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English Literature: American Literature

Guiding you to research resources for English Literature

Reference Books

Don't know anything about your topic? Start here! Reference books, such as dictionaries and encyclopedias, are great tools for learning about a topic. The background information and summaries they provide will prepare you to better engage with meatier resources such as books and journal articles. Below are a few reference items to help you get started.


 

Books & eBooks

Search the library's print book and ebook collections of American Literature in our catalogue.

 

Let's do a sample search for books on The Scarlet Letter:

 

1. Start with a general keyword search - scarlet letter.

 

2. Limit your results to print material by selecting Print books under the Format menu on the left-hand side of the page - note the other formats you can limit by.

 

3. Sift through the results for a critical book-length study of The Scarlet Letter - chances are you will come across such a book near the top of the results page - and click on the title.

 

4. Scroll down to find the book's call number - PS 1868 .B39 1986 - which it may be helpful to think of as the book's address. Write down the call number and locate the book in the Education Library. Although each call number is unique, similar books are shelved together, meaning finding one relevant book will lead you to others.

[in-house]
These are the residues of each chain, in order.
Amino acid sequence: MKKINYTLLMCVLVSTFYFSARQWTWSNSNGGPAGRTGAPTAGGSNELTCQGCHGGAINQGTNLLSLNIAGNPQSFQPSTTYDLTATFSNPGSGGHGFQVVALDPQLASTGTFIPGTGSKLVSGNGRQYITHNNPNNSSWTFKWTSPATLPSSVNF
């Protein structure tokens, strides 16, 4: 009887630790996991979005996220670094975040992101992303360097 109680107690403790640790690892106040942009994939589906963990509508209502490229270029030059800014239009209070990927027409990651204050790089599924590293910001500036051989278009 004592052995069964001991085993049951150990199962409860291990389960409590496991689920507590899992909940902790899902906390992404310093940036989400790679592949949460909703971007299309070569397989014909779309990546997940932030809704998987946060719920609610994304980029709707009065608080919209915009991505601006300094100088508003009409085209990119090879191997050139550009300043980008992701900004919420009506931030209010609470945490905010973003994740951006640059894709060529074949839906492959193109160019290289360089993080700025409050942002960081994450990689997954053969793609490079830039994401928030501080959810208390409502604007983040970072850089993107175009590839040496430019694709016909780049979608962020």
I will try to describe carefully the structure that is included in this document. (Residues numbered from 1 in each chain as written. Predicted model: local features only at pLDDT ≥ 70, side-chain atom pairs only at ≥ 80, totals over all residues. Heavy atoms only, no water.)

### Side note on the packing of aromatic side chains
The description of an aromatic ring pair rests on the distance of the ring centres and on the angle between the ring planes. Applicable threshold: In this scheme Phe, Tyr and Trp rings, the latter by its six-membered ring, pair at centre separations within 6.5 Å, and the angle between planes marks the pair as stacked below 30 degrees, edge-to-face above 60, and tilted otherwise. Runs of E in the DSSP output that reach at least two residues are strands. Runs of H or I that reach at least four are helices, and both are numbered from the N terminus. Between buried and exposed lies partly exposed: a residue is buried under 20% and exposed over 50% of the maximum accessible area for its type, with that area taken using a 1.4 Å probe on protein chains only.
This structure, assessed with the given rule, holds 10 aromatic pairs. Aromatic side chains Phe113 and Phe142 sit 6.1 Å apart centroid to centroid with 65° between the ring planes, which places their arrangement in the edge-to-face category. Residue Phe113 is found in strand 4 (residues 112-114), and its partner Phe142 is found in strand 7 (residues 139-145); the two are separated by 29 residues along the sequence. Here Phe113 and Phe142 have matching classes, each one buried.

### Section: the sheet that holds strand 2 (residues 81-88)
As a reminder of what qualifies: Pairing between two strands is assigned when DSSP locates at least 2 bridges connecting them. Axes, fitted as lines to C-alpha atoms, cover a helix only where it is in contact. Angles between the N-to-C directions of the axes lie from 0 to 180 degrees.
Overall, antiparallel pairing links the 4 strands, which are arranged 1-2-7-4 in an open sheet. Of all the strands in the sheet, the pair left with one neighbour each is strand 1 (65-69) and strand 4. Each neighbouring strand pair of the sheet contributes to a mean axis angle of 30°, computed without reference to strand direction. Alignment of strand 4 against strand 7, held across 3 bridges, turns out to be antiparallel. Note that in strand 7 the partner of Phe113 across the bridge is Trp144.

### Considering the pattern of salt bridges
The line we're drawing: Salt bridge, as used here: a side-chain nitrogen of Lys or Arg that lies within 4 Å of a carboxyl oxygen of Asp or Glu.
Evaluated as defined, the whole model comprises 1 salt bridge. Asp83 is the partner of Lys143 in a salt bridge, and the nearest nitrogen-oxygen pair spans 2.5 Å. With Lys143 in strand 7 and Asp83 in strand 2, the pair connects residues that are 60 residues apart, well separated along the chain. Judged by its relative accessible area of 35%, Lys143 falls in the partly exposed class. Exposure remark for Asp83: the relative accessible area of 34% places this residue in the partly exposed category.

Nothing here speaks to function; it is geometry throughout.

5. To find ebooks, simply repeat step 1 and select eBook from the Format menu. When you find an ebook, click on Access online. If you are off-campus, you will be prompted for your Tyndale username and password.

 

6. Too many irrelevant results? Don't worry, that can happen with keyword searches. To narrow your results, click on the title of a relevant book. This will take you into a detailed item record view. Click on the Description tab to view a list of subject headings assigned to that book. You can click on any of the subjects to see a full list of other items in our catalogue with the same subject heading. Again, let one good book lead you to other treasures on your topic!

 

 

 

Journal Articles


Search Tips

  • Don't be afraid to try many different combinations of search terms and search strategies. There is no magic bullet for getting the best search results. If you run into a dead-end, don't sweat it! Try using fewer terms - no more than 2 or 3 of the most important related to your topic - and put the word AND between the terms to look for articles with all of your search terms: scarlet letter AND puritans
  • Get comfortable using the advanced search and refine results toolsThese are especially helpful if you run into the problem of too many irrelevant results.
  • Keep track of the search terms and strategies that worked for you. You can even save your searches and return to them - simply set up a personal account in the database you are searching in and save your search histories. This will not only help you to have a record of the search terms and strategies used; it can also be a way to measure how much your research chops have improved over the course of a semester! If you would like help with this, please come see us in the library.
  • Use an asterik (*) to find various endings of a word. For example, typing in feminis* will return results for feminist and feminism
  • Don't be afraid to modify your thesis based on new information you come across in articles and other resources.